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This past week, W.S. Merwin was appointed American’s 17th Poet Laureate. Deciding to write about Merwin opened a door in my memory.  I thought back to particular lines and spent an hour in the books where I knew I’d find them, each one taking me back to who and where I was when I first read them. And today, the lines still lingering with me all seem to be saying the same thing: that as a culture, we are approaching the end of something.

From One Story

When there is no more story, that will be our story.

When there is no more forest, that will be our forest.

From The Last One

Well they cut everything because why not.
Everything was theirs because they thought so.

Witness

I want to tell

what the forests

were like

I will have to speak

in a forgotten language.

I first met William Merwin at a writer’s conference in Montana. He spoke not about poetry but about his efforts to thwart plans for destructive geo-thermal development on his beloved island of Maui. I remember being surprised at the level to which this gifted artist had gone in his activism. In the years since, Merwin has inspired me to believe in whatever comes as a result of continual direct contact with nature and natural systems.  From him, I’ve learned that in the case of environmental destruction caused by greed and shortsightedness, anger and frustration are normal, but can lead to paralysis. I’ve learned to remember that we humans are no different or more important than any other species and that believing otherwise is at the deep root of our problems. Through his example, I have learned the value of listening.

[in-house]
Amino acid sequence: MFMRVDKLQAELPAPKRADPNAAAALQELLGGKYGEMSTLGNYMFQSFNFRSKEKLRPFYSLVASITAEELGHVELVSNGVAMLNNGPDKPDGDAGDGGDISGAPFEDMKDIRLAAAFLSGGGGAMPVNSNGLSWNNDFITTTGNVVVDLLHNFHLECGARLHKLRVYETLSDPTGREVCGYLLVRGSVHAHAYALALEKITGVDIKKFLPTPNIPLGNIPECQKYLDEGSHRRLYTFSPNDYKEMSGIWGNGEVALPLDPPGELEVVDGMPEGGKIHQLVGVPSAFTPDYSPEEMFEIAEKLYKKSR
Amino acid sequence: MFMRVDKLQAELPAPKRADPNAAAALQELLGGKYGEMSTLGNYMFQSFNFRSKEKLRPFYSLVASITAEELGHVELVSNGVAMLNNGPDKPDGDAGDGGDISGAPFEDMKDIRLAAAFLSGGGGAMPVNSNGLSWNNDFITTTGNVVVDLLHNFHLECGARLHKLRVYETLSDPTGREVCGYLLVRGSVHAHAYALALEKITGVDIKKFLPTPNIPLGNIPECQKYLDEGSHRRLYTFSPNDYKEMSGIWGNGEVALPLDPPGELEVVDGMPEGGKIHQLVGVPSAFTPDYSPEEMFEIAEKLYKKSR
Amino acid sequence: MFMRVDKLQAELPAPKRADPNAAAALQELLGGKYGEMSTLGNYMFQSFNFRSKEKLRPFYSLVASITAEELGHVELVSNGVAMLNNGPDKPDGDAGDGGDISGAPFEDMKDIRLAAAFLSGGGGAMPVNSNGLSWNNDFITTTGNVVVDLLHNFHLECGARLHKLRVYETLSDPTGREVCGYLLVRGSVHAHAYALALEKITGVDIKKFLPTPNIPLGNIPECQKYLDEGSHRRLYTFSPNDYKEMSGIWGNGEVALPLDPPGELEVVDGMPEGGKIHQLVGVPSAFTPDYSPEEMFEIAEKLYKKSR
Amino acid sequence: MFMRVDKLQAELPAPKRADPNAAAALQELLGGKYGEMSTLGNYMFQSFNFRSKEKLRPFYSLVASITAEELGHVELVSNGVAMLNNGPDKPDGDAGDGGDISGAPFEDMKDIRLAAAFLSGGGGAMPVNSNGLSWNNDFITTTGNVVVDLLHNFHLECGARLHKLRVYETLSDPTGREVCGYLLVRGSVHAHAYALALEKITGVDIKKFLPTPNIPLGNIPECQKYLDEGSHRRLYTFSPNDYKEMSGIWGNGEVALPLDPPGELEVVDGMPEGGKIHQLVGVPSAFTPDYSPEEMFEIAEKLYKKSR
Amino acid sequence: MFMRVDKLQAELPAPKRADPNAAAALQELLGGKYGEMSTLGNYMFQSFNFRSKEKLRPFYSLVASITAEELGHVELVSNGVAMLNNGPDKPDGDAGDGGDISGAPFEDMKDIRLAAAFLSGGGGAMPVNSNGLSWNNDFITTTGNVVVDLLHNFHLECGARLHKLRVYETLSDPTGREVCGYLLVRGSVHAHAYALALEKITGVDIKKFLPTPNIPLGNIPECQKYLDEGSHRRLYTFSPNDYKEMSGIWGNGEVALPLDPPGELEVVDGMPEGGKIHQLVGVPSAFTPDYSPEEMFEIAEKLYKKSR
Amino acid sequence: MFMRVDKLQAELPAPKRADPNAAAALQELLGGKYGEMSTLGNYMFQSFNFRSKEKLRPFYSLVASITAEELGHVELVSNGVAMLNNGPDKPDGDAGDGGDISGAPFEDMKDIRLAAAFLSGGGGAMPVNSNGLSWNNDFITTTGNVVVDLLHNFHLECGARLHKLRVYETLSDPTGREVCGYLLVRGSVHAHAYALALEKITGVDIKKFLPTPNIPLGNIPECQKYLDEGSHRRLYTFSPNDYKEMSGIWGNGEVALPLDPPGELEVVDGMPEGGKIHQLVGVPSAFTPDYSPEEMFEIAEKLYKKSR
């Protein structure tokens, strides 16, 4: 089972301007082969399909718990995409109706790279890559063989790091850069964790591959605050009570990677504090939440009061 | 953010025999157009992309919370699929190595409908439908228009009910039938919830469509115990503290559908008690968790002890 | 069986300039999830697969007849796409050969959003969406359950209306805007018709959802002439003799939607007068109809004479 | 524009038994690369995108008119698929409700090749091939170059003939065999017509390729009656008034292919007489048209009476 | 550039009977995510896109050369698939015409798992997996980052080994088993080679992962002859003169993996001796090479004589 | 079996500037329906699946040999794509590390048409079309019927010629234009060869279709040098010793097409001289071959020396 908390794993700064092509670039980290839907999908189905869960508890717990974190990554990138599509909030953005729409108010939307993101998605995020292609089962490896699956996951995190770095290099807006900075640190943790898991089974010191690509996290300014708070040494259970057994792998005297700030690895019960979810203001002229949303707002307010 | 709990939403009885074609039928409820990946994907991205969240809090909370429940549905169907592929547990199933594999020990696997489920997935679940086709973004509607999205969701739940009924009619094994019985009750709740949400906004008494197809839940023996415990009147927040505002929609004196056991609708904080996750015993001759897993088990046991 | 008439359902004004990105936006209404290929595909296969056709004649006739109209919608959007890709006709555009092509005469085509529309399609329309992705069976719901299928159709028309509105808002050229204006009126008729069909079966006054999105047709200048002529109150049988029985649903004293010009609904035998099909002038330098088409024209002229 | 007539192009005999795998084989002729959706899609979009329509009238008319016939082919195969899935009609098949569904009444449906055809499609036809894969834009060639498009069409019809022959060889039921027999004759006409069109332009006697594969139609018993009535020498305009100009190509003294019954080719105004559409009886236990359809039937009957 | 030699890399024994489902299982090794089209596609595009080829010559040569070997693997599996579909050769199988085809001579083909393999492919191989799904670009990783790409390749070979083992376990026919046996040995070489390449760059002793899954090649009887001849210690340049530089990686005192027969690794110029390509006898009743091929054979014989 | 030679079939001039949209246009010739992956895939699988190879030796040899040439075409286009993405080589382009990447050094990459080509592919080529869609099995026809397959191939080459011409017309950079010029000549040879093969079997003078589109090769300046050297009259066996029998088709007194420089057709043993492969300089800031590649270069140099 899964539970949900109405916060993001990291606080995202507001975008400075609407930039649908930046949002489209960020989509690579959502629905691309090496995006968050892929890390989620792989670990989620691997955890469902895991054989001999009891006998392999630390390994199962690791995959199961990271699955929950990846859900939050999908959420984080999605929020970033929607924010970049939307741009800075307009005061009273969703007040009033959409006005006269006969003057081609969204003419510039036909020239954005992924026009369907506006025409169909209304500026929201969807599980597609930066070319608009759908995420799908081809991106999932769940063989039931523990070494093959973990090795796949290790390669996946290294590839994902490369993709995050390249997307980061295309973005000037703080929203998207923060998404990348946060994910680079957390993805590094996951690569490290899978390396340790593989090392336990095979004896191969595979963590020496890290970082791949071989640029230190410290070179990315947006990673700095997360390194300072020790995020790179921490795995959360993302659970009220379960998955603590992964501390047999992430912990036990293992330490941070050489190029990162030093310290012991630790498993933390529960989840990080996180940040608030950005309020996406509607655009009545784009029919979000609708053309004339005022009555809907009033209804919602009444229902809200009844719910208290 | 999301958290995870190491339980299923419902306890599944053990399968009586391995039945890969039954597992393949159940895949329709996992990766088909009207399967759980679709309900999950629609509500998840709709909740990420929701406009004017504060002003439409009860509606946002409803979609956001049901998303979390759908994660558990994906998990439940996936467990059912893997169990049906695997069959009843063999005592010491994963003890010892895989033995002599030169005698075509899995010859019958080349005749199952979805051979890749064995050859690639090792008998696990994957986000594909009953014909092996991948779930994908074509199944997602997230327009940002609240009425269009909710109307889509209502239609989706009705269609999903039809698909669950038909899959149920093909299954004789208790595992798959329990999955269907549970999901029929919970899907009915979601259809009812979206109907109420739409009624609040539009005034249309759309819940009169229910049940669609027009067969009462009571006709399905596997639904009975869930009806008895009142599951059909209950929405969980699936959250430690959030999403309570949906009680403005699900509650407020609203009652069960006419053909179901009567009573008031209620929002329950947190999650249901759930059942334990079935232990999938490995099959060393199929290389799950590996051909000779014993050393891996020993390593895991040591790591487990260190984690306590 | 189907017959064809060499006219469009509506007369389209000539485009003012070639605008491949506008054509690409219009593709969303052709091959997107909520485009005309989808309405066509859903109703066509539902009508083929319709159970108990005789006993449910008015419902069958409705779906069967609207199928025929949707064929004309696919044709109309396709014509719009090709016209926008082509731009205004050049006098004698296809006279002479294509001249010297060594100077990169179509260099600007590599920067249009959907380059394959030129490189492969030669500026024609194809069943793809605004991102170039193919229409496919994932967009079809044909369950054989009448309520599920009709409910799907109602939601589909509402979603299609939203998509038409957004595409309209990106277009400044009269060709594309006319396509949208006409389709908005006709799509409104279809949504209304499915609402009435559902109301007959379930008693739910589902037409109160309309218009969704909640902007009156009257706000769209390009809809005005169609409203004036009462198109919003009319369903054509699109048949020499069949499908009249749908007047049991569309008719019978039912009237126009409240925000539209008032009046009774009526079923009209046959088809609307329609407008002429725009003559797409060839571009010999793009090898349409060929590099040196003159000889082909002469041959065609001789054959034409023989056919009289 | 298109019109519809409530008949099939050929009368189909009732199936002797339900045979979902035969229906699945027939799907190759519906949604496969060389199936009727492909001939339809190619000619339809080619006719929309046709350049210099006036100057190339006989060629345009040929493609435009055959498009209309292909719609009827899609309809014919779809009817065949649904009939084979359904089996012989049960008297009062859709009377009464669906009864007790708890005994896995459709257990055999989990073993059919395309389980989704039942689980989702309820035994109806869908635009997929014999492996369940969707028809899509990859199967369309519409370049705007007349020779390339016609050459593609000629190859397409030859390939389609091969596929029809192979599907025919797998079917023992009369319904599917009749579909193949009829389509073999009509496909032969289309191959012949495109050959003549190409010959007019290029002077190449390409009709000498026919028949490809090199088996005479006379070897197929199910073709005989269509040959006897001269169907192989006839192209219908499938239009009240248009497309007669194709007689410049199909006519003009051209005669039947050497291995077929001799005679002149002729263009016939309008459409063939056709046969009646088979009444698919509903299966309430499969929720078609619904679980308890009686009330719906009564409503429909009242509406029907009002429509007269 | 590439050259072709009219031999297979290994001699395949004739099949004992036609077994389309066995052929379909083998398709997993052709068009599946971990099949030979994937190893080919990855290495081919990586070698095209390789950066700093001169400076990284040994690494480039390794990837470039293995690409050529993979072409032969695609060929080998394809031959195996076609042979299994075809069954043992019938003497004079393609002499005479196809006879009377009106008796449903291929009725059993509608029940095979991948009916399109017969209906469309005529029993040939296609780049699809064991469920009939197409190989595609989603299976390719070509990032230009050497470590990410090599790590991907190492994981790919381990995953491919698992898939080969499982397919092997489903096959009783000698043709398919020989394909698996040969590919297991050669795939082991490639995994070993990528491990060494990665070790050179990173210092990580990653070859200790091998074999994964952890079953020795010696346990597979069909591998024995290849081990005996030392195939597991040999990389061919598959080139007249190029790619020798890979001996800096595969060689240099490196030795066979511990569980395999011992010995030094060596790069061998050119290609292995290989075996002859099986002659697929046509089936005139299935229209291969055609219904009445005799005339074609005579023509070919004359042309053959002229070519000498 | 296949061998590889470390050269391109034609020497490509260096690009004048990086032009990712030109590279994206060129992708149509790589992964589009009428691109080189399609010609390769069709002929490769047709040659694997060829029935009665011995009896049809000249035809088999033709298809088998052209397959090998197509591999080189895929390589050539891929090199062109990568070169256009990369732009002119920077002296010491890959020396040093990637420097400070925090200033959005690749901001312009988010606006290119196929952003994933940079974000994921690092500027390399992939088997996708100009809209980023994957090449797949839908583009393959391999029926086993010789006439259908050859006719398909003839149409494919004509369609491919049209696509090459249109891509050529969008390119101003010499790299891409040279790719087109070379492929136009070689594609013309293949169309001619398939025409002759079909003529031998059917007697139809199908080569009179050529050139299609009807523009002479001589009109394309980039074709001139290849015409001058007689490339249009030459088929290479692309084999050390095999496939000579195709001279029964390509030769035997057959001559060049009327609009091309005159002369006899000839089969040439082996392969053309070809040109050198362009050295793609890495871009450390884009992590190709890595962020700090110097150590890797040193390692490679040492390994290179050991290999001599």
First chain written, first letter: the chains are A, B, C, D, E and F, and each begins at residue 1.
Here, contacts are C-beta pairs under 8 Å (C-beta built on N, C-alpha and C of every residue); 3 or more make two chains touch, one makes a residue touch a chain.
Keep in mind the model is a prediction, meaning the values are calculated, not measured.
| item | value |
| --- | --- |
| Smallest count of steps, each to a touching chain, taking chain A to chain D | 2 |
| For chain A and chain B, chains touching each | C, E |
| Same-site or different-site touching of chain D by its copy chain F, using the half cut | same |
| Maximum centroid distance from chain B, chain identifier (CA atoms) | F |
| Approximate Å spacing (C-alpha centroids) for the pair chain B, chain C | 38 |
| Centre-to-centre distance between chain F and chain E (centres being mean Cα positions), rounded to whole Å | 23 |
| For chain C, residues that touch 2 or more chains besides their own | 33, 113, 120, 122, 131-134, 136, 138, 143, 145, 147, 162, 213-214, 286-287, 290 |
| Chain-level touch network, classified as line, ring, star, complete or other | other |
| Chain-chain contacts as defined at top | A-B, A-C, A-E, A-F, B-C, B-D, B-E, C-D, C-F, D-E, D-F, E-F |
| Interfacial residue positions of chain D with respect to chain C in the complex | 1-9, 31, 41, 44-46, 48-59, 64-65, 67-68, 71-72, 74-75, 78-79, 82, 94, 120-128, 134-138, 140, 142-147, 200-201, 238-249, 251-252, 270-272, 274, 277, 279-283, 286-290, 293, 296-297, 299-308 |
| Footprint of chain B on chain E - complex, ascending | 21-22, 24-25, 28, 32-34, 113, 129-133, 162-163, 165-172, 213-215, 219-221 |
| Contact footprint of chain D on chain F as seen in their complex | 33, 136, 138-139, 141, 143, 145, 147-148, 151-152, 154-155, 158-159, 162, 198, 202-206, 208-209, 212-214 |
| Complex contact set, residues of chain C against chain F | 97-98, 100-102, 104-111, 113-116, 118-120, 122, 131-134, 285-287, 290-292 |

Each year the Library of Congress appoints a new Poet Laureate after consulting with former appointees, the current Laureate and distinguished poetry critics. Each individual poet “serves as the nation’s official lightning rod for the poetic impulse of Americans”.  In the past, Robert Hass created the “River of Words” program to encourage creative environmental stewardship among young people. Rita Dove brought African Culture to the forefront and Maxine Kumin created poetry workshops for women.  Consciously or not, selectors seemed to have picked the right poet for the right time.  Consciously, Merwin deserves this honor. He has dozens of books to his credit and has won every major national and international poetry award. He is 83 years old. Unconsciously, his message—as if from the future—of acceptance and responsibility for what we’ve done to this planet, must be needed on the growing list of evidence that our species is in trouble and we don’t really know what to do about it.

We visited William and his wife, Paula, at their home in Hai’Ku Hawaii, during the holidays a few years ago. They live on what was a pineapple plantation when they bought it thirty years ago, which they leveled and replanted with native vegetation and seeds from the world’s most endangered palms.  Today their perfect simple house is surrounded by island paradise with palm trees too big to wrap your arms around, ponds, birds, and even frogs.  One night we were talking in their living room and I told William how excited I was that so many young writers wanted to make a difference with their work.

“That’s nice,” he said, “but I think it’s unfortunate.”  When he saw the shock on my face he explained. “If you sit down to write with the goal of making a difference, you’re not likely to succeed,” he said.

“What would you say to them?”

“I would tell them to write the very best story they can. -That story will make a difference.”

I’ve thought about that nearly every day since.  I’ve come to believe that stories, when told as honestly, as unapologetically, and from as close as possible to that deep unconscious space where we share the entire evolutionary history with every human who ever lived,  hold the code to our survival.